Wednesday, October 31, 2012

Haunting Muses

So, last Halloween, I wrote a short story, much shorter than this, that was sort of a haunted passage about an older woman missing her deceased lover (Stormy weather) ... I suppose at that time last year, it was apropo to things I was feeling, trying to let go of, etc. I'd felt haunted then.

The inspiration behind this one, well, like most of my short stories, it came from a single thought mentioned during a conversation — walking through an antique shop. And then it grew in my head and I knew it would become whatever it was meant to ...

Mirrored Shadows
Emmeline took a sip of her coffee before placing the cardboard cup back in its holder and turning on her windshield wipers.
The rain slashed against the window with such abrupt intensity, she caught her breath. Pulling up to a stop light, Emmeline looked in the rearview mirror at her eyes ... dark, shadowy, tired, sad. Just looking at herself drew up tears she quickly choked down. She leaned forward and brushed her long side-swept bangs to the right and dabbed gloss on her lips, appearing plum against her ashen skin and dark hair.
Suddenly, as quick as the rain down poured, a jagged pain ripped through her chest and down the veins of her arms. Sorrow and loneliness always manifested itself in her veins it seemed.
Emmeline slightly shook her head and pulled backward against her seat, seeing the light turn green.
Peering through the streaming windshield, another green light caught her eye, but this one was neon and said simply "Antique Store Open."
Whether it was the desire in that very moment to be rescued from the despairing rain or her ever present love for antiques, Emmeline pulled into the lot and ducking under her sweater, ran to the door.
She heard a familiar sounding bell jingle as she turned the doorknob and entered the shop. The scent of musty wood, mothballs, tarnished brass and polish assailed her senses. Emmeline felt the floor creak beneath her boots as she slowly walked past the entryway and into the main room. It was much larger, almost hall-like, than she imagined.
There were only a few people inside as far as she could tell and hear. An older gentleman with a scraggly salt and pepper beard and round glasses sat at the check out counter. He was hunched over the countertop, leaning on his elbows and seemingly engrossed in a book when he heard Emmeline approach.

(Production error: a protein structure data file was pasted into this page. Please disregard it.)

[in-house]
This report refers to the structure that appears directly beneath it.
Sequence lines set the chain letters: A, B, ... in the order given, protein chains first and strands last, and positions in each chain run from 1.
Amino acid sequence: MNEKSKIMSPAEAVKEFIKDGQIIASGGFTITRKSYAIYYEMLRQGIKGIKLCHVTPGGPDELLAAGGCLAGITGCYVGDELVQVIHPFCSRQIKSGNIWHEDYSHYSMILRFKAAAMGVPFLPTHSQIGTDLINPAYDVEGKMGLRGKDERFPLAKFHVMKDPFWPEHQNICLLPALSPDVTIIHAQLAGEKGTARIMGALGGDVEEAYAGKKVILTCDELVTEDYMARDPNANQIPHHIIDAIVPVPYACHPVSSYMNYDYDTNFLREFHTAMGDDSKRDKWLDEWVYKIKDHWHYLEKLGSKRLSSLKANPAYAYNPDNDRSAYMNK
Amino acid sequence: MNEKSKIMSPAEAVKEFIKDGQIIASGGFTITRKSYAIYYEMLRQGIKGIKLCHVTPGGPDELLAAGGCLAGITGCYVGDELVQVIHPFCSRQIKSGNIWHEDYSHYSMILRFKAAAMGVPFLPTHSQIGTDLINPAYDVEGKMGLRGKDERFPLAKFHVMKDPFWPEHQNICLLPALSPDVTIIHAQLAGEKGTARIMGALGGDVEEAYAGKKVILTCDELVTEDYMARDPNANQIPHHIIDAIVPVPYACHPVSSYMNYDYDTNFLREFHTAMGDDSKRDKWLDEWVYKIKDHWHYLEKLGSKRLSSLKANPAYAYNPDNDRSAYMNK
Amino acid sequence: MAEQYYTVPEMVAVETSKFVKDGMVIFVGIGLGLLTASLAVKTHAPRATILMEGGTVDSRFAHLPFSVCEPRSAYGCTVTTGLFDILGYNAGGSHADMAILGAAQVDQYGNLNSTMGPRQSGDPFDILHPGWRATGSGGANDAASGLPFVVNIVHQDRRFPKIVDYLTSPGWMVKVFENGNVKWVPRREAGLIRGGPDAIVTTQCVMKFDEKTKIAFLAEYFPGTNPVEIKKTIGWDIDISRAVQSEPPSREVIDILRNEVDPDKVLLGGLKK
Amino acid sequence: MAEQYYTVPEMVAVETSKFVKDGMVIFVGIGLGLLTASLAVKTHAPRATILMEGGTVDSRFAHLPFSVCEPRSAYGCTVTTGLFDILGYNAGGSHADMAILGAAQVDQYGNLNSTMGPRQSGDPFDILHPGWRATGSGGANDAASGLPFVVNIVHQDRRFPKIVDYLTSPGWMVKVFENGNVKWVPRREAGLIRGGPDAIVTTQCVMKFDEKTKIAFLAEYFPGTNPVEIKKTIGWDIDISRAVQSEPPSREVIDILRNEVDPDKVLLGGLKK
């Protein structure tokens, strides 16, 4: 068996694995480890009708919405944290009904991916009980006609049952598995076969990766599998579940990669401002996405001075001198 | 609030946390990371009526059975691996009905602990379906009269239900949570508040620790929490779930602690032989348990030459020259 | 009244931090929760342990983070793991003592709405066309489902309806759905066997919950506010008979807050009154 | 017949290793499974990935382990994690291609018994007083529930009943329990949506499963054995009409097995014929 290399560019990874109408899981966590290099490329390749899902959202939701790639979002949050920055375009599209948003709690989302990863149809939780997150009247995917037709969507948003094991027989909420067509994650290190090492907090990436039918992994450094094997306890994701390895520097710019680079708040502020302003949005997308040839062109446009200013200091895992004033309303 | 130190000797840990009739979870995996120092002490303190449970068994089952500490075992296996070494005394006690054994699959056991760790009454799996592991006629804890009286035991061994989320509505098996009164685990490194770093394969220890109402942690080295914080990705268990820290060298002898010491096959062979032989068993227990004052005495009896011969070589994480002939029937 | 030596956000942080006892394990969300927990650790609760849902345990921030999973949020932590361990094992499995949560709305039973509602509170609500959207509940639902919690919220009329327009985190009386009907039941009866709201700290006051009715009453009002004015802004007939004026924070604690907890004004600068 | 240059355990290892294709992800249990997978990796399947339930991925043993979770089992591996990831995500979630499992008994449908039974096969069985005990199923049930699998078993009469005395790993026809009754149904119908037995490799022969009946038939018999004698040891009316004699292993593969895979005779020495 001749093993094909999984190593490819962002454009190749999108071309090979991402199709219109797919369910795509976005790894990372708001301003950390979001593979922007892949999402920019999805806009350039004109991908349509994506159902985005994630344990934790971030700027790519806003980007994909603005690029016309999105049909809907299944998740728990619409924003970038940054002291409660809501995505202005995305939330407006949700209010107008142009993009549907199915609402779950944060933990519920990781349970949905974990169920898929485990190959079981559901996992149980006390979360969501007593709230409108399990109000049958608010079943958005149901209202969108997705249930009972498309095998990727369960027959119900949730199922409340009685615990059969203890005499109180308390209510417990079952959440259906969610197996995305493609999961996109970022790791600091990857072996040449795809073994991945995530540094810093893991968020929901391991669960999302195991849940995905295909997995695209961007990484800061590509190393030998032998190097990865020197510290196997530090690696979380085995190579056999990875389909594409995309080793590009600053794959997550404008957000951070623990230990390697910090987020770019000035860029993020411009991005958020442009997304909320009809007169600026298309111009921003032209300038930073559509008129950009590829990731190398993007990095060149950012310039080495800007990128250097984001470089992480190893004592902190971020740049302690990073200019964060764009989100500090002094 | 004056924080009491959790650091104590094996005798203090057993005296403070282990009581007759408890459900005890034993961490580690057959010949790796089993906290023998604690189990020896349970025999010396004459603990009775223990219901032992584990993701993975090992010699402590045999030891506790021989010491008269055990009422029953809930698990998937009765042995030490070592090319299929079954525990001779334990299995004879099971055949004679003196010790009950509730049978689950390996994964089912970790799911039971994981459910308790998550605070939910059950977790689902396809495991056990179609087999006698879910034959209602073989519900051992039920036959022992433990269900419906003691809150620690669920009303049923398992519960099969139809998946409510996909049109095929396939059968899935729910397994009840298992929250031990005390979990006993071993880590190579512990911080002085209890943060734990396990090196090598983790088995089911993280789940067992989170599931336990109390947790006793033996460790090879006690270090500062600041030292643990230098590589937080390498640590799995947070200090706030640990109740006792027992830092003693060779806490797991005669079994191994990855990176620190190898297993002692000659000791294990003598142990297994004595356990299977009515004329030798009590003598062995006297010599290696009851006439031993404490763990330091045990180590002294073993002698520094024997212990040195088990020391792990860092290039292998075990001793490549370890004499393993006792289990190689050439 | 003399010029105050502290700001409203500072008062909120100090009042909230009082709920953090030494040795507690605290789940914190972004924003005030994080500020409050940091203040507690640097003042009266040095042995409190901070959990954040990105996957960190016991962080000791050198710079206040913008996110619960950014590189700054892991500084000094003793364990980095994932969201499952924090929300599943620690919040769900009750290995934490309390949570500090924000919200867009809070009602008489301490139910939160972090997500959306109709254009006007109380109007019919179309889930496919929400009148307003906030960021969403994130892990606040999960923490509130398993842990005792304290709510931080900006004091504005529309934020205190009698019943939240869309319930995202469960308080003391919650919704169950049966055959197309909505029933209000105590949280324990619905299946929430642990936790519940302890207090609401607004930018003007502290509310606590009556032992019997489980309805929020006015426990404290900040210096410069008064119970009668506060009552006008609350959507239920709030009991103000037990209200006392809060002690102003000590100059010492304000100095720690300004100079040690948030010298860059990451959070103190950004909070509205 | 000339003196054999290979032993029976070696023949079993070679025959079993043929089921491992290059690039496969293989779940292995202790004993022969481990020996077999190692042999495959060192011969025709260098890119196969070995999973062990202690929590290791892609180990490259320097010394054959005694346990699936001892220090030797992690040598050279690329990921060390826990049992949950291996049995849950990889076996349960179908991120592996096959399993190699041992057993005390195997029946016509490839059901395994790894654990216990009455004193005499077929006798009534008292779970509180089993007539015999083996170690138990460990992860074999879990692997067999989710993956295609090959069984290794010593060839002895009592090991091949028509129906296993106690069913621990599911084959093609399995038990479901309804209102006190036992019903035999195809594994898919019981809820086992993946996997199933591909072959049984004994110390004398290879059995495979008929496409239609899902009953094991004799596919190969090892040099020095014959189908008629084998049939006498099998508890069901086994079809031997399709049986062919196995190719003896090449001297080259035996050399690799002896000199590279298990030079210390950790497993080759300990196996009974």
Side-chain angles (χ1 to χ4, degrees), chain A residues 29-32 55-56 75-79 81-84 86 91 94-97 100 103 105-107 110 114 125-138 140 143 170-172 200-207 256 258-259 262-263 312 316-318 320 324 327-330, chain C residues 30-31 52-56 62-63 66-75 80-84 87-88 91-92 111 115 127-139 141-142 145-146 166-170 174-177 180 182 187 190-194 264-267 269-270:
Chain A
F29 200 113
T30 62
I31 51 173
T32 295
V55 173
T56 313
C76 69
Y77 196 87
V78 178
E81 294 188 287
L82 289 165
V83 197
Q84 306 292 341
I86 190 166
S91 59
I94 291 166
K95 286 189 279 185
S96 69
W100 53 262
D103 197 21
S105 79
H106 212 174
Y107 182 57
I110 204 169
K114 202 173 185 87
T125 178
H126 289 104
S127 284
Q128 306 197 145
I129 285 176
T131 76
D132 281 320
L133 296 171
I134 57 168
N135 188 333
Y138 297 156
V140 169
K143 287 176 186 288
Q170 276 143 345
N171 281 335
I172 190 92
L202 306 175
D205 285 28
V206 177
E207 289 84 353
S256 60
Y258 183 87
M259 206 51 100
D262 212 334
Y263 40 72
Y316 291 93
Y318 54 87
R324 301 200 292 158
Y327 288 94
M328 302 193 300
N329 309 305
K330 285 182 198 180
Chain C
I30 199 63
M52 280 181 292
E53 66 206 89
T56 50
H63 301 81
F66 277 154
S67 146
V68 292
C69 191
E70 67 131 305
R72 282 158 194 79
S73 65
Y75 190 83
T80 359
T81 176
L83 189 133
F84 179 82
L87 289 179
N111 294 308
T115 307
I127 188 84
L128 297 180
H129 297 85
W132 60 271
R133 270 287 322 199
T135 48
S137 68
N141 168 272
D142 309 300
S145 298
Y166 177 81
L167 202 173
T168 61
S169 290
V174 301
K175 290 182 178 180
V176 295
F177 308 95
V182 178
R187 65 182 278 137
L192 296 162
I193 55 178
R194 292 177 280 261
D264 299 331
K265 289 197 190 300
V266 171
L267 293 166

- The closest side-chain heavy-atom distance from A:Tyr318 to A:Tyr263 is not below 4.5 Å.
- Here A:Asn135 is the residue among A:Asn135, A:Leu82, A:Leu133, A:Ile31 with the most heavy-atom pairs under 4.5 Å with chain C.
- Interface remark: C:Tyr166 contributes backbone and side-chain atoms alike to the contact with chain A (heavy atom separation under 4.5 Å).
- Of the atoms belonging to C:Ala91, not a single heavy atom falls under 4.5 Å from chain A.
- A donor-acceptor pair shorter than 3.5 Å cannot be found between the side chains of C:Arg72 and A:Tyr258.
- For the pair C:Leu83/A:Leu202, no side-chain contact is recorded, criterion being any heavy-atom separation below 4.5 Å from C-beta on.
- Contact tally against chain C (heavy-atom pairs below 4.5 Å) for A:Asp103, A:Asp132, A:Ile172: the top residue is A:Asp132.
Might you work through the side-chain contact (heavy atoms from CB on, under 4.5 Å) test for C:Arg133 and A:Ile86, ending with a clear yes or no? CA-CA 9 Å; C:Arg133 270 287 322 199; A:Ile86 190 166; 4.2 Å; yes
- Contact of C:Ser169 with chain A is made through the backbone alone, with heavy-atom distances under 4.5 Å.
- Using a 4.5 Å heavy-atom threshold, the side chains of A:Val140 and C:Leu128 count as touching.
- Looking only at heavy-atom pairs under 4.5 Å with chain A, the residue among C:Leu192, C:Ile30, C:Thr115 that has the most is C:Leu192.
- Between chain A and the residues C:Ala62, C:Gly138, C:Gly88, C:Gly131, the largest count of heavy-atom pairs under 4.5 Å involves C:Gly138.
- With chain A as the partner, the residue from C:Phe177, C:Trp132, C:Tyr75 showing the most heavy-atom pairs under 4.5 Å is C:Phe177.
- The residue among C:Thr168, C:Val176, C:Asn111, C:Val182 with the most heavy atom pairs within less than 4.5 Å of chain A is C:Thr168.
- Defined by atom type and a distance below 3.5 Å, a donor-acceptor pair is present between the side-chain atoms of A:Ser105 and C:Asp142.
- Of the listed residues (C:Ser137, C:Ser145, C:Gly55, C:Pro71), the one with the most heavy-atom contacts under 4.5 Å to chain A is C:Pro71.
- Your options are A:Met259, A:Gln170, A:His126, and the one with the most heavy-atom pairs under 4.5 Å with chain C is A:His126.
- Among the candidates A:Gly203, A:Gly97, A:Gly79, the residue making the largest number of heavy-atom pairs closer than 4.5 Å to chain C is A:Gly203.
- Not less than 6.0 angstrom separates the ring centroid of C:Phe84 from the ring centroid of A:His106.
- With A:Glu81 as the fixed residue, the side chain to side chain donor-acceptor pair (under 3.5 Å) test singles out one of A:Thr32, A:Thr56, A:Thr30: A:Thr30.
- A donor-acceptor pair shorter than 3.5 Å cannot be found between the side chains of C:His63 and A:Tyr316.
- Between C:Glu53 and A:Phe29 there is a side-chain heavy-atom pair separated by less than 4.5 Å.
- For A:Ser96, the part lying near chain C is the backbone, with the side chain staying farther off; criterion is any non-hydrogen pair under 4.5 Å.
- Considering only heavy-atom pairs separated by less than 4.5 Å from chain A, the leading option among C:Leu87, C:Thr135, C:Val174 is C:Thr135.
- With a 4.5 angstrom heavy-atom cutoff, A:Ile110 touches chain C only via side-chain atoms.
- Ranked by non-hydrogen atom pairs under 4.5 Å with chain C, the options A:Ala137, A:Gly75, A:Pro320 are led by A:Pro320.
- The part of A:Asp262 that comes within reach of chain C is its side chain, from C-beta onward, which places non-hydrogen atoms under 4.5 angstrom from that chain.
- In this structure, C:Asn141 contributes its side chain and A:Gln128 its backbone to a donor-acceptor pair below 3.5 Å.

"Looking for anything in particular?" He asked, squinting up at her.
She shook her head, fidgeting with her scarf, a nervous habit she'd acquired some time ago.
He seemed to study her a moment as though she, too, were a book to be read. He brought his hand near his mouth as though in thought, before opening it again.
"Well, if you have any questions or need help finding anything, just give me a holler ... but be sure to speak into my good ear," the man said with a chuckle, indicating his "good" ear was on his left.
Emmeline simply nodded and began moving down the aisles. It felt warm inside the shop. Her numb, cold, wet skin felt kindled by the heat. Her shivering bones began to go slack.
As she shuffled her boots against the hardwood floors, she felt each creak under her weight as though the floor itself was groaning with aches.
Emmeline made her way through a few aisles before arriving back near the front counter again. The old man this time was sipping on a mug of hot apple cider and cleaning an old silver taper candle holder.
"You sure I can't point you in a particular direction?" the man asked again, this time knowing it was her without having even looked up.
She began to shake her head, but realized he wouldn't notice.
"No thank you," she said in a low, quiet voice, then hesitated and turned back in his direction. "Actually ... where do you keep antique mirrors and furniture?"
"Ahhh yes ... I had a feeling there was something pulling you in here," he said.
The sentence felt peculiar to Emmeline, but she couldn't put her finger on it.
The man put down the candle holder, but held onto the sooty rag as he walking around the counter and down an aisle to the left of them. Emmeline followed, realizing then, no one else occupied the store anymore.
She glanced at her watch and saw it was 7 p.m. Most people probably left to get home to their families for dinner.
The thought burrowed deep into her dispirited heart, like a sliver of wood.
She picked up her pace as she noticed the man ambling ahead of her and glancing back. They turned a few corners and finally came to an open corner of the store filled with stacked furniture, couches and lamps.
Then she noticed several standup mirrors as well as vanities and wall mirrors ... some, turn of the century while others looked straight out of the 1950s.